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The cozy appeal of romantic comedy Just Like Heaven
Before he became Bruce Banner, Mark Ruffalo was perhaps best known for indie movies and the odd whimsical rom-com. The year was 2005 and Reese Witherspoon was still a few months away from winning an Oscar for Walk The Line, and lighter love stories were still very much in her wheelhouse. Just Like Heaven does not share the same beloved legacy as 13 Going on 30 or Legally Blonde because it is not as funny or charming as either of these movies. However, it is an appealing and comforting rewatch, twisting the falling-for-a-ghost narrative with predictable but fun results.
This tale of a love that must triumph over adversity — don’t they all? — is a solid viewing option for these trying times. It doesn’t sound like much of a selling point to call something aggressively fine (it has 55% on Rotten Tomatoes), but sometimes that is the ideal movie experience, not to mention that Witherspoon and Ruffalo do sell the fantasy-infused narrative with gusto.
Based on a French novel, Elizabeth (Witherspoon) and David (Ruffalo) are polar opposites. Elizabeth is a dedicated ER physician, spending so much time at her work that her social life is nonexistent, whereas David struggles to leave the house preferring his own company to being with the living. The movie begins with Elizabeth on a monster 26-hour shift, emphasizing how she prioritizes her job over everything else. Her loneliness sets her apart from the colleagues who manage to juggle it all.
At the end of her shift, Elizabeth is told she has been awarded the attending physician position she has been busting her gut to land, but in an attempt to open up her love life she has agreed to go on a blind date that evening. On her way home from the hospital she is involved in a car accident, which suggests it is lights out for Lizzy. Her long hours at work have contributed to her crash and this is a reminder of the pressure medical professionals are under even when there isn't a pandemic.
Meanwhile, David is looking for a place to rent. The San Francisco market is notoriously expensive so it is a miracle when a flyer with a dream place sublet announcement lands directly on his face. What forces could be doing this? His biggest concern is finding a furnished apartment with the perfect couch because he doesn’t plan on moving from it. David is a social distancing king whose behavior in 2005 is a concern to his one friend, but in 2020 we all need to be more like David.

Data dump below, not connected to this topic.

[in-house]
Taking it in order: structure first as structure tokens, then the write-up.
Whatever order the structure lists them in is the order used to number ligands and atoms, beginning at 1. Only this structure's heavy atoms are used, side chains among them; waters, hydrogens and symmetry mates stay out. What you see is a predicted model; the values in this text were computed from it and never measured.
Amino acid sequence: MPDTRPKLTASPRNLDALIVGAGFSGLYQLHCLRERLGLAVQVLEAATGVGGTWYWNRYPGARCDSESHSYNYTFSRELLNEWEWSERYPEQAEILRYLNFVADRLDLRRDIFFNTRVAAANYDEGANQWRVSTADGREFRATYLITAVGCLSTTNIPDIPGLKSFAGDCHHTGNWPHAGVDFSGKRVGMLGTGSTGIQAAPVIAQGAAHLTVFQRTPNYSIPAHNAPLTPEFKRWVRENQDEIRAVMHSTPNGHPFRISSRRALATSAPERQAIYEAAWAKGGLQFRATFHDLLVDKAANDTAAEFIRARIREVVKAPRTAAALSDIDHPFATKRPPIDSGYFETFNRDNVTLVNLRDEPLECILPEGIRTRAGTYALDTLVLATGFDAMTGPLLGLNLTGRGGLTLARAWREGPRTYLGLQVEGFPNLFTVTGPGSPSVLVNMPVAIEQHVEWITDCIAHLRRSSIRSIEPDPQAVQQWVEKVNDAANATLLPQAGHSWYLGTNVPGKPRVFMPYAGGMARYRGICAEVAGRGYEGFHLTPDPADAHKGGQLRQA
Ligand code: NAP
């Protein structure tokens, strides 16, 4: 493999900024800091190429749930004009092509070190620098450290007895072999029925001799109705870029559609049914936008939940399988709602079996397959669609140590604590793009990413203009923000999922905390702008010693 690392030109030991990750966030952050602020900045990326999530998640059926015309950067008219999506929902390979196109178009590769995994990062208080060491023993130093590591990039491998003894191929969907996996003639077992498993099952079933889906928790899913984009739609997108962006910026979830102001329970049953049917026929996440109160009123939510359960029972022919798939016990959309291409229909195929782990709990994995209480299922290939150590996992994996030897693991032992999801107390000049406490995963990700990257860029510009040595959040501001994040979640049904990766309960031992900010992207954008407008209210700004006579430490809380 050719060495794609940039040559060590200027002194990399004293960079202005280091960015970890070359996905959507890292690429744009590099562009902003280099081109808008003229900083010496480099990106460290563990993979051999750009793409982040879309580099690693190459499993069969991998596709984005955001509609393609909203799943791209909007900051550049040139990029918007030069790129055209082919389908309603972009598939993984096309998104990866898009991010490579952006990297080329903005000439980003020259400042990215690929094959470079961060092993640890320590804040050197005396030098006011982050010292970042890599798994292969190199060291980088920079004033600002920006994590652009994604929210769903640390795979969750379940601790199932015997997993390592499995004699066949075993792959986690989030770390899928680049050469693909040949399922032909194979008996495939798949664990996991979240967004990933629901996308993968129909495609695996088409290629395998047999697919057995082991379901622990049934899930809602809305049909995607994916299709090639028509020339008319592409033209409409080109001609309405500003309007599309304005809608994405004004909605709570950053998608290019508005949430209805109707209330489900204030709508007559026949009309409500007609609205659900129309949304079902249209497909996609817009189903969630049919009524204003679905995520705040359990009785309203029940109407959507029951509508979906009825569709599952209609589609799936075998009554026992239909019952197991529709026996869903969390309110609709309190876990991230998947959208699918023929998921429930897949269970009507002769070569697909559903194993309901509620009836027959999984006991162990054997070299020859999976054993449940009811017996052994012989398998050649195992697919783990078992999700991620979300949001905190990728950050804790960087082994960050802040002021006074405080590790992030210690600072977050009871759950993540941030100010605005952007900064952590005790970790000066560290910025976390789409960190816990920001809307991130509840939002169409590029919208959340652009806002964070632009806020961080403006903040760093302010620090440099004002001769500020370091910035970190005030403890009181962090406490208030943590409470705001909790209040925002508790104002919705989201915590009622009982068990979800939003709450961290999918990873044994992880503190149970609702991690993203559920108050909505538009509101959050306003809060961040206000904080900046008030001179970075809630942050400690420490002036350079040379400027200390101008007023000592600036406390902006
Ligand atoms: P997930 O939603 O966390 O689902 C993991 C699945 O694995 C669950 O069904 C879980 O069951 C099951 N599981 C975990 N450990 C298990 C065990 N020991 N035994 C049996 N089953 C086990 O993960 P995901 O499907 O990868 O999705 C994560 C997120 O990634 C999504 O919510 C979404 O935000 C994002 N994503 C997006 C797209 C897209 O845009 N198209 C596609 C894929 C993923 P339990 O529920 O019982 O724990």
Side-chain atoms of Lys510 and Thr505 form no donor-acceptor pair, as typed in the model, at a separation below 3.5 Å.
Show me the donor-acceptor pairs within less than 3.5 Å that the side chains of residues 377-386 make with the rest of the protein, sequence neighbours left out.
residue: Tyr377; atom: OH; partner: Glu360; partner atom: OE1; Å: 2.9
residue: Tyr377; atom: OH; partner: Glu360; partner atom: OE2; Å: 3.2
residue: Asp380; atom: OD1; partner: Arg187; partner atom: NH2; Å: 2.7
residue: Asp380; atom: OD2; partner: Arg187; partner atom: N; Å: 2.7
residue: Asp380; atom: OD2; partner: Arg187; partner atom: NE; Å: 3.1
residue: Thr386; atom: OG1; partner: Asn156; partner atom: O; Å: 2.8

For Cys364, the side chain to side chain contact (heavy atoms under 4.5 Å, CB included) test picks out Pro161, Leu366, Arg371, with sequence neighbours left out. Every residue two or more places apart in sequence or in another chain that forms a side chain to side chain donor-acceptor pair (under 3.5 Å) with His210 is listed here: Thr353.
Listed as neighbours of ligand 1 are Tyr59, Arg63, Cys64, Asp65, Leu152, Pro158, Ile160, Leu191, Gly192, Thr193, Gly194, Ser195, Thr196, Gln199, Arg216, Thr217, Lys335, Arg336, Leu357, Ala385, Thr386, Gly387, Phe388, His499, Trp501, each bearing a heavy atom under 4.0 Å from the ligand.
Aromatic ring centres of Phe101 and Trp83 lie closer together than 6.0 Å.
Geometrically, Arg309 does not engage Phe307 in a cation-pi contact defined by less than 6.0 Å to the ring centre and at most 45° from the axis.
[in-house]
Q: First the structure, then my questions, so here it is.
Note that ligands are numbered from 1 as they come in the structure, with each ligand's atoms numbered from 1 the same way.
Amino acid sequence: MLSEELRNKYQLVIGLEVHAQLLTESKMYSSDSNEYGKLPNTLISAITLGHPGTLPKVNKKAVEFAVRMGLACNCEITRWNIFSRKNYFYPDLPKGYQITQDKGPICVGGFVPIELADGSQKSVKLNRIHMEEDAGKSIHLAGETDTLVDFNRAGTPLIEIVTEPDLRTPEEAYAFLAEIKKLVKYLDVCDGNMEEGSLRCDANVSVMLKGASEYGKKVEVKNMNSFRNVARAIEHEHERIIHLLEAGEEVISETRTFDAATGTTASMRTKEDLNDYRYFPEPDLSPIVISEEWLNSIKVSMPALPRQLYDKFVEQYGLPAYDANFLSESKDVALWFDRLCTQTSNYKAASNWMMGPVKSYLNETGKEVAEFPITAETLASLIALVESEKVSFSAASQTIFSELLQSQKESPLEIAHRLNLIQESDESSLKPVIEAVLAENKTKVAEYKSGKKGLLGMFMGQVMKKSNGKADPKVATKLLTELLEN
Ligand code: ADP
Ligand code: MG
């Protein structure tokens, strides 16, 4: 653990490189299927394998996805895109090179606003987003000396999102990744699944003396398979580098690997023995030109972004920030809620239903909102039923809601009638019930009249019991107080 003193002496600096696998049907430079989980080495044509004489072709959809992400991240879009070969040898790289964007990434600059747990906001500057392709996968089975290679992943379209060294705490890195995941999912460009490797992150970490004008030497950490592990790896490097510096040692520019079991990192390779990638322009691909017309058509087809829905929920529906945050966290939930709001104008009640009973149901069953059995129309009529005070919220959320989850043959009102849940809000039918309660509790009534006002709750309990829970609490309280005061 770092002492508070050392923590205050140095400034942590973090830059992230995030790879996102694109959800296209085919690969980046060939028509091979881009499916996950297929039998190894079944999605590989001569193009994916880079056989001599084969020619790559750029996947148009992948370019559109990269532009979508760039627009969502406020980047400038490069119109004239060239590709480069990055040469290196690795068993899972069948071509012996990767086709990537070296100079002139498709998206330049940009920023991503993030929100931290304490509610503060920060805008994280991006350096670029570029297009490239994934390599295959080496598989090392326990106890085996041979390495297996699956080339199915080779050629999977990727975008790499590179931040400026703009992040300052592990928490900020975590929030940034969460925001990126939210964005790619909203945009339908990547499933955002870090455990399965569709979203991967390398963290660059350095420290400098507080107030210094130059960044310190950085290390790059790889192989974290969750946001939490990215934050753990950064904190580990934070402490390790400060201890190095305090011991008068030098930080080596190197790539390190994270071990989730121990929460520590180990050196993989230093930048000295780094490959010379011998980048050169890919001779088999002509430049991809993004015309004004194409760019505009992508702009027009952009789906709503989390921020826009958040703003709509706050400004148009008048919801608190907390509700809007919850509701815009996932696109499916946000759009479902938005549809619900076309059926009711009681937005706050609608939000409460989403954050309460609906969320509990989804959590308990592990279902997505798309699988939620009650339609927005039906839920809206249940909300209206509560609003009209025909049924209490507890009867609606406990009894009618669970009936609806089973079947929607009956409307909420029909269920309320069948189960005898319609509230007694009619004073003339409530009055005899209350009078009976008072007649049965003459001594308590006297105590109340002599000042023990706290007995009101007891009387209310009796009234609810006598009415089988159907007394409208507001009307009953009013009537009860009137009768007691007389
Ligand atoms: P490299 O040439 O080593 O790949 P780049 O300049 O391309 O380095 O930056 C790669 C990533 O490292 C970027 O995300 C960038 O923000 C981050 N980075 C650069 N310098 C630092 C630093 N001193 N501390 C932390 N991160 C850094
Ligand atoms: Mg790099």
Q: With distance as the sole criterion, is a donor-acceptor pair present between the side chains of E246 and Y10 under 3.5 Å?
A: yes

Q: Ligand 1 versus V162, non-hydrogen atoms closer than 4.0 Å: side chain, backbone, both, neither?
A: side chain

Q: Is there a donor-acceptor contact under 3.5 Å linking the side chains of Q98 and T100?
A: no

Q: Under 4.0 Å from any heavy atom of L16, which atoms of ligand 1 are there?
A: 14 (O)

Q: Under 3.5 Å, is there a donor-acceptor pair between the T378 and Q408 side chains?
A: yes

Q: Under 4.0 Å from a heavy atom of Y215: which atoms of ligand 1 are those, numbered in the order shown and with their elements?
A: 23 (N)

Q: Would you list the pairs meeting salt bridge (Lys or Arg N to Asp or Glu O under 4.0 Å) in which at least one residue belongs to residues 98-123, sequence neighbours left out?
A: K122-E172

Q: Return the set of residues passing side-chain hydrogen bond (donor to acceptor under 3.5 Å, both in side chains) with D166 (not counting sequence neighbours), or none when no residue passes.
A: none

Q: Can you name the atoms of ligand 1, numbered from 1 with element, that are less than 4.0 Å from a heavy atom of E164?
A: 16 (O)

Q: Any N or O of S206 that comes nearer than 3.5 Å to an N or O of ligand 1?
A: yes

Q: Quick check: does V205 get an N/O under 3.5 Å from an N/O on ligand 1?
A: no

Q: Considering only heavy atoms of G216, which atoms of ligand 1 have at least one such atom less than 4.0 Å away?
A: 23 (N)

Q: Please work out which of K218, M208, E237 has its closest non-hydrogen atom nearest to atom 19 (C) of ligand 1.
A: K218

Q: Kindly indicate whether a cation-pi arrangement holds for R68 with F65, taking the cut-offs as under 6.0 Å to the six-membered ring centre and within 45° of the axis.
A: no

Taking a different approach to a meet-cute, Elizabeth is horrified to find David in her apartment — particularly as he has takeout containers and beer cans scattered everywhere — but disappears as quickly as she entered. Convinced he has a ghost haunting his solitude, David takes measures to exorcise this malevolent spirit, but he is plagued by a different specter from his past. His reluctance to leave his very comfy apartment — the size, view and roof access makes this a very appealing location — stems from the sudden death of his wife two years ago. A brain aneurysm killed her, and the randomness of the event and his inability to do anything to save her has led to this life of hiding away.
Elizabeth's predicament is somewhat more complicated as she is separate from her actual body. It turns out that she isn't dead but in a coma. The rules of her existence are fuzzy, much like her ability to sit in a car and lie on a bed, and yet she can't pick up a phone. Hanging out in the refrigerator to berate Dave about his choices also turns her into a buzzkill presence. She also can enter David's body, which sounds far kinkier than it is. Instead, she just wants him to drink less.
What links the pair is a shared theme of missing out on life — Elizabeth because she works too hard and David because he is still consumed by grief. Again, David's stay-at-home mantra is actually ideal for right now but in the world of the movie, people keep telling him to get out. Stay in your pajamas, Mark Ruffalo. It is a good look and I'm not just saying that because the cut of jeans in 2005 was very bad.
The antagonistic undertones are replaced by a newfound connection and while they can't physically touch each other — much like any other new relationship right now — they fall in love despite this huge obstacle. The other major bump in the road they have to overcome is the fact that Elizabeth's life support machine is going to be turned off. If you have read this far without having seen the movie, you can guess what happens next.
Another discovery cements their destined to be with each other status: David was the guy Elizabeth had been set up with on the night of the crash. Who could have seen that coming? OK, everyone could.
Love moves in mysterious ways and the pair were connected before this crash and even the blind date. In her moments of catnapping while at work, Elizabeth envisioned a beautiful heaven-like garden on her roof. David's job? A landscape architect! After she wakes from her coma, she doesn't remember him, but all it takes is for a trip to her roof to see what he has done (along with a graze of their hands) for it to all come flooding back. He has somehow designed and created the exact garden she pictured during those quieter moments at the hospital. While Elizabeth's non-corporeal rules are all over the place, nothing is more set in stone in rom-coms than the notion of kismet.
Peak mid-aughts Mark Ruffalo is, of course, a big selling point to this movie. It also ticks all the rom-com real estate dream home boxes. At the moment it is hard to watch something and not consider how it would rank as a shelter-in-place location, but Elizabeth (and David's) palatial apartment and fantasy rooftop garden score pretty highly. Just Like Heaven is incredibly predictable; nevertheless, the familiarity and warmth is a welcome change of pace, and sometimes that is all you need.